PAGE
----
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Viewpoint: Things to know about divorce and finances

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Leslie Spoltore Guest Columnist

Leslie Spoltore
Guest Columnist

In addition to stress and host of other emotions, a divorce will likely raise a number of financial concerns.  Lawyers and financial planners can partner to help clients navigate the divorce process and build a strategy for their financial future.  Although each circumstance is unique and requires specific consideration and analysis, the six commonly asked questions below can assist financial planners in understanding the divorce process and the role that finances play.

Are prenuptial agreements enforceable?
If done properly, prenuptial agreements are binding and enforceable.  Depending on the breadth of the terms contained in a prenuptial agreement, it may address all or only some of the issues in a divorce.  Considering the terms and conferring with counsel about the enforceability of a prenuptial agreement early on can be critical.

What is marital property?
Marital property is defined as any property acquired during the marriage unless: (a) the property was acquired by one spouse by bequest or by gift; (b) the property was acquired by one spouse in exchange for property acquired prior to the marriage; (c) the property was excluded by valid agreement of the parties; and/or (d) it is an increase in value of property that was acquired prior to the marriage. Gifts between spouses are considered marital property.

Are marital assets/debts divided equally?
Not necessarily. Marital assets and debts are divided “equitably,” not necessarily equally. To determine what constitutes an equitable division the Family Court considers 11 specifically enumerated factors, such as the age and health of the parties, the contribution of each party to the growth or dissipation of the marital estate, and each party’s ability to acquire capital assets in the future. The division of assets and debts is made by court on a case-by-case basis.

How is personal property divided?
When parties cannot agree on how to divide their personal property the Family Court uses the “two list method.” One party itemizes the marital property in the house and divides it into two lists. Those lists are given to the other party. The list recipient selects a list and keeps everything on the list. The list maker retains all the property on the unselected list.

Who gets the house?
If the house is marital property the short answer is, it depends. It may depend on which party can afford to keep the house. Or, if there are children of the marriage, the Family Court may consider the desirability of awarding the house to the party with whom the children primarily live.

Can a party sell or transfer property during the divorce?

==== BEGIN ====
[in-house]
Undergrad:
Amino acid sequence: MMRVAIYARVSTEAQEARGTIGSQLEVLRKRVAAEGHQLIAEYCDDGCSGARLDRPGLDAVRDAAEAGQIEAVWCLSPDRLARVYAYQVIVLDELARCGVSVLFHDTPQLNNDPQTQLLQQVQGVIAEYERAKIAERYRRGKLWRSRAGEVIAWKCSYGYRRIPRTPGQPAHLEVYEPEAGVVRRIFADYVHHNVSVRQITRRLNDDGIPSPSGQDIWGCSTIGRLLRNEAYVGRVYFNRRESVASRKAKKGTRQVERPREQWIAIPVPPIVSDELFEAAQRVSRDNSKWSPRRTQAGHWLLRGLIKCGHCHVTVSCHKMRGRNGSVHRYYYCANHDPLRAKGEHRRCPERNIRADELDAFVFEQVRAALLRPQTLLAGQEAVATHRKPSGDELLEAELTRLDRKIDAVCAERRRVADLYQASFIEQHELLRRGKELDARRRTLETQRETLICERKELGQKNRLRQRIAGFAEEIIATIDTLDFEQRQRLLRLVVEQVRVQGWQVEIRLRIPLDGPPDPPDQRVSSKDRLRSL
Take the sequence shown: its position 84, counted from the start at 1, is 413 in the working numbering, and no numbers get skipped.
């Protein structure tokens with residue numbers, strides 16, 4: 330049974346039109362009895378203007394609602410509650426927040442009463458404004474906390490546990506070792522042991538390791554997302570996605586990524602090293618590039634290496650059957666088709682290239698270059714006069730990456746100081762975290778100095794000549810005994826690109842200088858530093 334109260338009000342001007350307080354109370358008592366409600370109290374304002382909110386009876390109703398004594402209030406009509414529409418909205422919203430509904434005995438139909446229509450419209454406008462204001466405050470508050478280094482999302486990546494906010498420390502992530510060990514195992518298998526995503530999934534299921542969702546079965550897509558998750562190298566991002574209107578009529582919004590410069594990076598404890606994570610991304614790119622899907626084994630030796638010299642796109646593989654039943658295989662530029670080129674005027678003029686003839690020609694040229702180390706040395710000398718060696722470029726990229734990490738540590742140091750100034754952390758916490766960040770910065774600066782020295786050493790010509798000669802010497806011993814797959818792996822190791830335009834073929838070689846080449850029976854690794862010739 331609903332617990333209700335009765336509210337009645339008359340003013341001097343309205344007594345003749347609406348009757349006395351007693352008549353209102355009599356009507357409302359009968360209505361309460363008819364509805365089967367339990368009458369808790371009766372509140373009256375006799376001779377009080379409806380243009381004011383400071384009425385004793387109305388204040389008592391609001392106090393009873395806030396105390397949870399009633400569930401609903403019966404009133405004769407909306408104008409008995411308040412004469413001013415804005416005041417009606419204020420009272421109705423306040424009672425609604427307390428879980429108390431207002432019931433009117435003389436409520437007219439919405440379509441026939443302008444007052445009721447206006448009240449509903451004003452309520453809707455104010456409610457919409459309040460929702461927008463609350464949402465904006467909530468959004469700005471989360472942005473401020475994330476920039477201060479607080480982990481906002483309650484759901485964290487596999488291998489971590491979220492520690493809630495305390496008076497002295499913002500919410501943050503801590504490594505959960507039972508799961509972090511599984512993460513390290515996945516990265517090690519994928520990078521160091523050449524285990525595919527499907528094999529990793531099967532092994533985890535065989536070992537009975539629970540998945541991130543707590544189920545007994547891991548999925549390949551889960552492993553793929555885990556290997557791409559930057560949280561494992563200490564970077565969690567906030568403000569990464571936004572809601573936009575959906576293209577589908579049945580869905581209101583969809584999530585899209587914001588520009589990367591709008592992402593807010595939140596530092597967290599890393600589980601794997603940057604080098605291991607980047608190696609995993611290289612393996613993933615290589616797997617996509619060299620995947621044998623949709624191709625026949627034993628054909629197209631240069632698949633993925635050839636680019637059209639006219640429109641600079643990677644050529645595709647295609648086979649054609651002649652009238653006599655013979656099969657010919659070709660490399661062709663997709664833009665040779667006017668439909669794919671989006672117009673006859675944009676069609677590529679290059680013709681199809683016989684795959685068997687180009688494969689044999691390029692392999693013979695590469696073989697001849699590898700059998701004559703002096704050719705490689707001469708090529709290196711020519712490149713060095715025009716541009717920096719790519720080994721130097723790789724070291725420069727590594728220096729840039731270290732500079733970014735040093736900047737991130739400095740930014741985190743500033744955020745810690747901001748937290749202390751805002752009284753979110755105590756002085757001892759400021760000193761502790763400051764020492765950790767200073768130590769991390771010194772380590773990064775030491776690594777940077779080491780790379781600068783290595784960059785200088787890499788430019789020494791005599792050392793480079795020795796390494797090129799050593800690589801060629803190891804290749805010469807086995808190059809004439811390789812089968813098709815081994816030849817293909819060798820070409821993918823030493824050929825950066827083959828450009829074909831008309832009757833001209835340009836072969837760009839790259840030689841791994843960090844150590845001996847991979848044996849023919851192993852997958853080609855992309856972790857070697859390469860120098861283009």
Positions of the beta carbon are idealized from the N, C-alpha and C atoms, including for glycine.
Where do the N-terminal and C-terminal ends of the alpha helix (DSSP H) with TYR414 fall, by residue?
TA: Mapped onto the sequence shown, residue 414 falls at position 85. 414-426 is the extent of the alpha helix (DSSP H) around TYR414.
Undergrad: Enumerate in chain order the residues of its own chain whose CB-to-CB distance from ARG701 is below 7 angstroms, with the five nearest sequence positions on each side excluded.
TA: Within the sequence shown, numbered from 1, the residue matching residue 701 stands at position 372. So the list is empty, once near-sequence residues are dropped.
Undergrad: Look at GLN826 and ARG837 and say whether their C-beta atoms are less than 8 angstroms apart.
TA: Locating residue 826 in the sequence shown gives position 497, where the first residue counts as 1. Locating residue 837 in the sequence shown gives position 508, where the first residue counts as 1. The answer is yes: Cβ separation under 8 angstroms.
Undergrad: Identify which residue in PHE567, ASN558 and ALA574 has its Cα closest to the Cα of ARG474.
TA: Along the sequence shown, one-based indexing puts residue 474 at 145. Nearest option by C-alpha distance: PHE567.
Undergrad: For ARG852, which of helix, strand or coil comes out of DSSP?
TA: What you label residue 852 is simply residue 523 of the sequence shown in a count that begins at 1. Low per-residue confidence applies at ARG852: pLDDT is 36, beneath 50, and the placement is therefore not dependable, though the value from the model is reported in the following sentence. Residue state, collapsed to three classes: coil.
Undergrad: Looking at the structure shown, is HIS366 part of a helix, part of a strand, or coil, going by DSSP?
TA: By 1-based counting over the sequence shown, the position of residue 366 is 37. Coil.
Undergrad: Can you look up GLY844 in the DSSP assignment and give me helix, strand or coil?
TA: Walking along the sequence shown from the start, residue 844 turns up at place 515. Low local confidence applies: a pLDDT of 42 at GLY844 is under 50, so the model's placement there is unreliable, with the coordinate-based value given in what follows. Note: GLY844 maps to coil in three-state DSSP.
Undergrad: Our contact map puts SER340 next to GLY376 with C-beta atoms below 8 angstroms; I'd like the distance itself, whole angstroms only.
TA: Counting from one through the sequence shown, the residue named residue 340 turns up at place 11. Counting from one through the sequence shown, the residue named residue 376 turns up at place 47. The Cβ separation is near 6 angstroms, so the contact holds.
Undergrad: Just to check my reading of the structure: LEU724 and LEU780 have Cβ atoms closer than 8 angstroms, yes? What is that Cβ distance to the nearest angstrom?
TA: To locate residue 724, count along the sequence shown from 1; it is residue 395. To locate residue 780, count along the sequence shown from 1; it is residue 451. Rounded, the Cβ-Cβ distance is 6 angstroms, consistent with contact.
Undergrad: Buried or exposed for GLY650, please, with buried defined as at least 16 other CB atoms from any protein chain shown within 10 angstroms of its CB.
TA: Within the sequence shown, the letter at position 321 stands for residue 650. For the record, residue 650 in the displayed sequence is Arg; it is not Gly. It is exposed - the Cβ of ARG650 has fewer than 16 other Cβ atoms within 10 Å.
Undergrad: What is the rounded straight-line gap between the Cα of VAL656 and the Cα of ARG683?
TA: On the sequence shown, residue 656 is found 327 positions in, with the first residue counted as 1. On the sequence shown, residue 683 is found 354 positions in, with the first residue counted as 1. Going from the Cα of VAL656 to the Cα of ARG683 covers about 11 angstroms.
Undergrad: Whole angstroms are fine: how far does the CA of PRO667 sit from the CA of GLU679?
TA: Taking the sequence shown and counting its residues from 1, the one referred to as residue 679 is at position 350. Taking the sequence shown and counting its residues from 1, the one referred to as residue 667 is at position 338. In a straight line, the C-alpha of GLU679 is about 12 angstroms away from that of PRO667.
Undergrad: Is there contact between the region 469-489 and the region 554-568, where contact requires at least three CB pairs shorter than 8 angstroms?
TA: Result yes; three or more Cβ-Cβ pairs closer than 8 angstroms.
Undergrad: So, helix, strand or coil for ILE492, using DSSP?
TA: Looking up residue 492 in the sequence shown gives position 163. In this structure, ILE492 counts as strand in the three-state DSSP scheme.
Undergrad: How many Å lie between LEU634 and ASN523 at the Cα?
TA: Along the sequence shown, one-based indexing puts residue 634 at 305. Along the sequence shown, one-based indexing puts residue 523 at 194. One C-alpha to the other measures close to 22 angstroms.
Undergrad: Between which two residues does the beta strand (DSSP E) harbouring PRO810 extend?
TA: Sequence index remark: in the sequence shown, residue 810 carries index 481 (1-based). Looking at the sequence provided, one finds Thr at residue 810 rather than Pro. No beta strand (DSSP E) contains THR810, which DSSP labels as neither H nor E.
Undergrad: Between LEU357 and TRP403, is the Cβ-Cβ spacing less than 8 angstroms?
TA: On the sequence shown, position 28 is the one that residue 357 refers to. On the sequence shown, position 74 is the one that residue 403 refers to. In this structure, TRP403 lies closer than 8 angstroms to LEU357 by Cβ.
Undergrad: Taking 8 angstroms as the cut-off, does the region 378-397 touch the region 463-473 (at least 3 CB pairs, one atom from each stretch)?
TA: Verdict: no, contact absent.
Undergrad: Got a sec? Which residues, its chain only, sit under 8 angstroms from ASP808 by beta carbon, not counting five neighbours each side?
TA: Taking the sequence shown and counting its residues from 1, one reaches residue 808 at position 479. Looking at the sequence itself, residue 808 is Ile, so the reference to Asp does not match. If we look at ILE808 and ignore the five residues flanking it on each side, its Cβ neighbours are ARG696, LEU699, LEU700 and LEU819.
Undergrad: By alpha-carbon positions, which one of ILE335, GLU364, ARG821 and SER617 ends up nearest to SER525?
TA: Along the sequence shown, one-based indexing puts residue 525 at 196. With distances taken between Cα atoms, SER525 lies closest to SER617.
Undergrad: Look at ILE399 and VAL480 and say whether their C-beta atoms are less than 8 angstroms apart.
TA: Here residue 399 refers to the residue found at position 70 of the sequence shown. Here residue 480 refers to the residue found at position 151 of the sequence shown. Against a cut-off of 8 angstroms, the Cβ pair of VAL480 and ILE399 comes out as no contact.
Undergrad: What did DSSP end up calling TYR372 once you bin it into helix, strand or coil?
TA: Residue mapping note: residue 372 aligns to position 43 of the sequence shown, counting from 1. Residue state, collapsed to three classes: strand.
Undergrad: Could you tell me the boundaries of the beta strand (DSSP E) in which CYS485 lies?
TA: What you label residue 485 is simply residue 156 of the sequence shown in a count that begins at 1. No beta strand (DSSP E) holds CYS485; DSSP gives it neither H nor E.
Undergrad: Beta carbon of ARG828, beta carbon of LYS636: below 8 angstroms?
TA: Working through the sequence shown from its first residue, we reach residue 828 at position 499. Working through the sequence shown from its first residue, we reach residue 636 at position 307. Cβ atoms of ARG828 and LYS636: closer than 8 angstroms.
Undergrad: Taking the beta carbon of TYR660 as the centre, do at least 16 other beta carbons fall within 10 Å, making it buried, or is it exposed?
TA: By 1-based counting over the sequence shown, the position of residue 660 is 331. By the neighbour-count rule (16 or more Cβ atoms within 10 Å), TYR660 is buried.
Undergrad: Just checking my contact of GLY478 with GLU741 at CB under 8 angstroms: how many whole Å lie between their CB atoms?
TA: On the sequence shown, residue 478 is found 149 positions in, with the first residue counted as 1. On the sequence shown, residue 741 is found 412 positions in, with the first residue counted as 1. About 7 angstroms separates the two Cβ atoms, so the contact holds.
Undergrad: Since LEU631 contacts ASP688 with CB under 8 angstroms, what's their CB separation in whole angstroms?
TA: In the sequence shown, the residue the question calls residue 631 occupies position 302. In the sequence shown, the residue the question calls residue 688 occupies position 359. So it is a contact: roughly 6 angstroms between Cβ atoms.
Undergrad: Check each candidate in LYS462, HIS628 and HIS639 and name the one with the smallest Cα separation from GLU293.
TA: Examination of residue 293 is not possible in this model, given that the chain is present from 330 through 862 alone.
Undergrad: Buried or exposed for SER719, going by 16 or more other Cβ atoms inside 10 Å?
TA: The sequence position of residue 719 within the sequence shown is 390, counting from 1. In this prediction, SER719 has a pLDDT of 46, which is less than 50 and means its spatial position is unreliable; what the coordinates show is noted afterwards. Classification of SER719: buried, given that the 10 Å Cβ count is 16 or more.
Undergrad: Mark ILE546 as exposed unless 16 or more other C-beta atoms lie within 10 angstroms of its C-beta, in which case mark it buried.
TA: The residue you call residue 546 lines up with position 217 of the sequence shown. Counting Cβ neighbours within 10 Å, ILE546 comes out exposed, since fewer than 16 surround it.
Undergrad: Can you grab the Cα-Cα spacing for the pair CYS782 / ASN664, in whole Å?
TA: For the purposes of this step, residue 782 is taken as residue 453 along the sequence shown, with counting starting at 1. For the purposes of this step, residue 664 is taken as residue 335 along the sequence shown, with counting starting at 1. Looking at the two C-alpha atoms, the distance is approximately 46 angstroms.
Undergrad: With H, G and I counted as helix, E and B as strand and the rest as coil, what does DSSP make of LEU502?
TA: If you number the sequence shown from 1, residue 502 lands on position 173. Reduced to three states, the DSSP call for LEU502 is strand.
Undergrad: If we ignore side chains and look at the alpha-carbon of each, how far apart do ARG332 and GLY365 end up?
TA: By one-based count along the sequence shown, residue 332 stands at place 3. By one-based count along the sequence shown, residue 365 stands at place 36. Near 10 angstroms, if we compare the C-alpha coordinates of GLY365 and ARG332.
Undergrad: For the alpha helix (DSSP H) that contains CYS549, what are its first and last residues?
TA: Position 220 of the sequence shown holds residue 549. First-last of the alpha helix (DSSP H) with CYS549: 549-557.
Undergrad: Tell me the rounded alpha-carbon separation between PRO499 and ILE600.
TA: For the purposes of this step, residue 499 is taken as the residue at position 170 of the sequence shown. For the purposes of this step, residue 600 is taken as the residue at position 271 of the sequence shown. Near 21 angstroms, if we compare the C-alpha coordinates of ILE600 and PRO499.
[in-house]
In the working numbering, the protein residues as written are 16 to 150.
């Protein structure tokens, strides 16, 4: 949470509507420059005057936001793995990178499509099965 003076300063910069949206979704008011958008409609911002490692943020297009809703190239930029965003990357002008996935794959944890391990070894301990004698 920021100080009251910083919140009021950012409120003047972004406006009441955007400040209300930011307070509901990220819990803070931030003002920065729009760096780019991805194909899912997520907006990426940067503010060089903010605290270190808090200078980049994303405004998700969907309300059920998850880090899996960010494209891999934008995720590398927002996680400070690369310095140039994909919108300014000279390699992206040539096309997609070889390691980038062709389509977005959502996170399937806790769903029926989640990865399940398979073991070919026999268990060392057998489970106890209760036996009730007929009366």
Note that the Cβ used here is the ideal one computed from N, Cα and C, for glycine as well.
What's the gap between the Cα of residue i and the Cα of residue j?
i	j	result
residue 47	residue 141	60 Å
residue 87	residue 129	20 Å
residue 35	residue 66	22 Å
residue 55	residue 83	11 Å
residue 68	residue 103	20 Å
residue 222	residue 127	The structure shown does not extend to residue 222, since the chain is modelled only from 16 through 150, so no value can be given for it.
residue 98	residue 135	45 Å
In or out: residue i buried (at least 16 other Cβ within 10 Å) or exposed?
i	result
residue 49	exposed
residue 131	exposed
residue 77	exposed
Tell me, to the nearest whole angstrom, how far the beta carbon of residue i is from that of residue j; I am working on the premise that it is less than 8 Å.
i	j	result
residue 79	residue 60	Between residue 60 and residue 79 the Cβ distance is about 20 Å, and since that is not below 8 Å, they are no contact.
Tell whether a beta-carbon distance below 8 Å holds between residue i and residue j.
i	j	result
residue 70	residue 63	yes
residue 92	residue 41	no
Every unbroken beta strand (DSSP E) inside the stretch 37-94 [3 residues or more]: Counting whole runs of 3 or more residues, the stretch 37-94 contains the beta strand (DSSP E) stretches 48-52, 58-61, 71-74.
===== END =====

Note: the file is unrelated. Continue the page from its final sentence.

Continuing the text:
Once a petition for divorce is filed and served a preliminary injunction goes into effect. The injunction prohibits the parties from transferring, encumbering, concealing or disposing of marital property without the permission of the other party or the permission of the court, except in the ordinary course of business.

Who is eligible for alimony?
Alimony may be awarded only if a party is determined to be dependent after consideration of 10 enumerated factors. Included in the factors considered by the Family Court is the dependent party’s ability to support his or her reasonable needs though employment or other financial resources, and the other party’s ability to support him or herself while paying alimony. An alimony determination is not formulaic and eligibility is determined on a case-by-case basis.

How long does alimony last?
A dependent party may be eligible to receive alimony for a time period up to one half the length of the marriage, unless the marriage lasted 20 years or more. In that case, there is no time limit to eligibility.   

How is child support determined?
Delaware uses the Delaware Child Support Formula, often referred to as the Melson Formula, to calculate a parent’s child support obligation. In certain circumstances, private school tuition may be included in the calculation. Information about the Formula and the support calculator itself may be found on the Family Court’s web page.   

Are parents obligated to pay for college?
A parent’s obligation to provide child support terminates when a child has reached age 18 and is no longer in high school, or 19, whichever occurs first. There is, therefore, no obligation for a parent to pay college tuition. For this and myriad other reasons, many parents save for college utilizing 529 accounts or other investment accounts. Depending on how those savings are invested and titled they may be considered marital property subject to division in a divorce.

How are pensions divided?
Typically, pension benefits acquired during the marriage are equally divided through a qualified domestic relations order. If survivor benefits or cost of living increases are available they may be included in the division as well.

Leslie B. Spoltore is a partner with Fox Rothschild LLP and a member of the Family Law Department.

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